ISBN : 9780190682712
All democracies have had to wrestle with the challenge of tolerating hidden spy services within otherwise relatively transparent governments. Democracies pride themselves on privacy and liberty; intelligence organizations, however, enjoy heavily veiled budgets, and they are involved in the clandestine gathering of information around the world, as well as the use of covert action against foreign regimes. Sometimes, they have even turned their dark arts against the very citizens they were established to protect, as with the so-called COINTELPRO operations carried out by the Federal Bureau of Investigation (FBI) against civil rights and antiwar activists during the 1960s and early 1970s. In this sense, democracy and intelligence have always been a poor match. Yet Americans live in an uncertain and threatening world filled with nuclear warheads, long-range missiles, chemical and biological weapons, aggressive foreign leaders, failing states, and brutal terrorists. Without an intelligence apparatus scanning the globe to alert the United States about these threats, including possible pandemics and environmental catastrophes, this planet would be an even more perilous place. Thus, it becomes necessary for democracies to maintain strong, effective spy services; at the same time, though, to prevent the misuse of secret power, democracies must also take steps to ensure that their intelligence agencies are closely watched by responsible overseers. In Spy Watching, Loch K. Johnson focuses on the travails encountered by the United States as it has tried to maintain effective accountability over its spy services. Spy Watching explores the work of the famous Church Committee, a Senate panel that thoroughly investigated America's espionage organizations in 1975 and established new norms for the supervision of spy activities conducted by the Central Intelligence Agency (CIA) and the nation's other sixteen secret services. Johnson explores why partisanship has crept into once-neutral intelligence operations; the effect of the 9/11 attacks on the expansion of spying by the United States, at home and abroad; the controversies related to CIA rendition and torture programs, along with massive data collection at home by the National Security Agency (NSA); and the leaks by Edward Snowden about these NSA dragnet "metadata" operations aimed at American citizens. Johnson views media reporting as a guard against intelligence abuses; and it evaluates the effectiveness of lawmakers in Congress as checks against spy misadventures--important forces in the "shock theory of accountability" presented in these pages. Included in this study are insights into U.S. intelligence drawn from scores of interviews with practitioners, among them several of the nation's Directors of Central Intelligence (DCIs). Above all, Spy Watching seeks to find a sensible balance between the twin imperatives in a democracy of liberty and security.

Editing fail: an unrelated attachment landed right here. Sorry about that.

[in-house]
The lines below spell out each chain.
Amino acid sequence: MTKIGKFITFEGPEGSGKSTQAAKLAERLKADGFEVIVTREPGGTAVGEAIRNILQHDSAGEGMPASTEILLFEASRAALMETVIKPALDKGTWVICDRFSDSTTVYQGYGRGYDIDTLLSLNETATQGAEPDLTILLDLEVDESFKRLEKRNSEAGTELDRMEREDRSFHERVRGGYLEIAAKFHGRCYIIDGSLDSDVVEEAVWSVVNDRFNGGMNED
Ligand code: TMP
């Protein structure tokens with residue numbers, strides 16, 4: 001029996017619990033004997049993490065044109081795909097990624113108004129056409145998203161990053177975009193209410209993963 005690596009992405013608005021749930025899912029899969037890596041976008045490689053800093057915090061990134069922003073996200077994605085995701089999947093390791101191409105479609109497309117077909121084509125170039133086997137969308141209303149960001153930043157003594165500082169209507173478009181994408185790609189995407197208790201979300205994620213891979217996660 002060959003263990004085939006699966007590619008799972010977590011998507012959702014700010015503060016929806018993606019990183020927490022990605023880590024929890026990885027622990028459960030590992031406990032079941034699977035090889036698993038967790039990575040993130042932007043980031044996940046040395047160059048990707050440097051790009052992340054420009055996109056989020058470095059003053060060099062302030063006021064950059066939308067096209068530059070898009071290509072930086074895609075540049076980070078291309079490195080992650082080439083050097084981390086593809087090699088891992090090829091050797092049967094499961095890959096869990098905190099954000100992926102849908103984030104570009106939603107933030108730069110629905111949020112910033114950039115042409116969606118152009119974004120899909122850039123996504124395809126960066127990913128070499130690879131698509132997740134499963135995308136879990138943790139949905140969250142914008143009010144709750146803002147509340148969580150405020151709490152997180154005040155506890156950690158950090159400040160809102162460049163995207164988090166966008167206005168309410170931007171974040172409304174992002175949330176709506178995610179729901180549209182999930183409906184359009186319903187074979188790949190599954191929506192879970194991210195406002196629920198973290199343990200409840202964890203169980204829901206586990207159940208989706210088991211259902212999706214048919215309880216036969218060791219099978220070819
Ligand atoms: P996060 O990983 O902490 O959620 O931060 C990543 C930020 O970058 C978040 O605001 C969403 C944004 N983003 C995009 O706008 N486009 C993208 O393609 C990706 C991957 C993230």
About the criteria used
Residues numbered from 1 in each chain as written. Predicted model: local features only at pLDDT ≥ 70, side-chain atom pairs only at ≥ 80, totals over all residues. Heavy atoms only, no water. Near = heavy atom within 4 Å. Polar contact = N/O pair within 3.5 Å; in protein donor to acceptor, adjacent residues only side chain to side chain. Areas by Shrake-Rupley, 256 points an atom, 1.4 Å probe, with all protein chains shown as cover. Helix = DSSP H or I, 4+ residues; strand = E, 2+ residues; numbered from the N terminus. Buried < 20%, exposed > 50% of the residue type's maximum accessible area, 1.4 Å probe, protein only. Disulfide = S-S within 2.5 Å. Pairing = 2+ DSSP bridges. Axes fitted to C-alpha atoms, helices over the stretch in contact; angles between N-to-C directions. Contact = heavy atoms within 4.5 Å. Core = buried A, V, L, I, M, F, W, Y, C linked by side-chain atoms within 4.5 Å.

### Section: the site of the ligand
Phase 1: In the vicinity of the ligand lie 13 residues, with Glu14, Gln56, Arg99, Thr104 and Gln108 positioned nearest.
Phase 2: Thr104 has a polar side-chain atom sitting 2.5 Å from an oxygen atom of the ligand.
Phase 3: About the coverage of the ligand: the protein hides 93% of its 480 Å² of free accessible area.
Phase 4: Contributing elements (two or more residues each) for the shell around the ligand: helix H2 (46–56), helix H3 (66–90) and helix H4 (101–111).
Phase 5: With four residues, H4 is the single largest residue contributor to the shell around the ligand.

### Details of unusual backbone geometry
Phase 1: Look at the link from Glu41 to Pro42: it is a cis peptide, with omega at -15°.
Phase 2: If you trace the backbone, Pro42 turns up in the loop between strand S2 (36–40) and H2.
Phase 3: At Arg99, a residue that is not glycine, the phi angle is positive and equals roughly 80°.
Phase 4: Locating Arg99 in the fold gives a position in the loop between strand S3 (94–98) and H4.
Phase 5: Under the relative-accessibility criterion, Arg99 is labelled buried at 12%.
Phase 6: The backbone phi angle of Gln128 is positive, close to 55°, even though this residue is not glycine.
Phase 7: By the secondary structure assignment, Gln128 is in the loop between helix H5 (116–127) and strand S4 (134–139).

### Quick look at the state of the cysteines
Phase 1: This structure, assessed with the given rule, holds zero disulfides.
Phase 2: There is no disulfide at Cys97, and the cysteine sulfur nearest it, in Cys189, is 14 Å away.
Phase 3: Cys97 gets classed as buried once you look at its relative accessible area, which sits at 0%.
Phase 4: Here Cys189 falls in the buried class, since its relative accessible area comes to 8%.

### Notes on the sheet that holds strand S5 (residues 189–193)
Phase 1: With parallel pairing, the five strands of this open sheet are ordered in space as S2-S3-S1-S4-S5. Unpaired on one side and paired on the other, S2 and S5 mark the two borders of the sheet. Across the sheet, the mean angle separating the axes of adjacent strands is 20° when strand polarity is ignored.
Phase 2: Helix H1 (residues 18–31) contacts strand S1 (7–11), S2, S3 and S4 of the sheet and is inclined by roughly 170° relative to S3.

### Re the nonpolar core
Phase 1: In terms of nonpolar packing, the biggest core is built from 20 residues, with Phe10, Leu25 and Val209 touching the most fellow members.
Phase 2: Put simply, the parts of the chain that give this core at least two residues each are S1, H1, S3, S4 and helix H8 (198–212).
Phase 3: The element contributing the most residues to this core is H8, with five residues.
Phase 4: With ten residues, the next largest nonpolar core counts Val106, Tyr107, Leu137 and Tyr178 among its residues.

Preface; List of Figures; Introduction: Democracy and Intelligence; PART I: THE MAGNITUDE OF THE CHALLENGE; Chapter One: Tracking an Elusive Behemoth; Chapter Two: Intelligence Exceptionalism; PART II: THE EVOLUTION OF INTELLIGENCE ACCOUNTABILITY; Chapter Three: Democracy Comes to the Secret Agencies; Chapter Four: The Experiment in Intelligence Accountability Begins; Chapter Five: Spy Watching in an Age of Terror; PART III: THE PATTERNS OF INTELLIGENCE ACCOUNTABILITY; Chapter Six: A Shock Theory of Intelligence Accountability; Chapter Seven: The Media and Intelligence Accountability; Chapter Eight: Ostriches, Cheerleaders, Lemon-Suckers, and Guardians; PART IV: THE PRACTICE OF INTELLIGENCE ACCOUNTABILITY; Chapter Nine: In the Trenches: Collection-and-Analysis and Covert Action; Chapter Ten: In the Wilderness: Coping with Counterintelligence; PART V: THE FUTURE OF INTELLIGENCE ACCOUNTABILITY; Chapter Eleven: Intelligence Accountability and the Nation's Spy Chiefs; Chapter Twelve: The Ongoing Quest for Liberty and Security; Acknowledgements; Abbreviations and Codenames; Appendix A: The U.S. Intelligence Community, 2016; Appendix B: U.S. Intelligence Leadership, 1947-2016; Appendix C: The Intelligence Oversight Act of 1980; Bibliography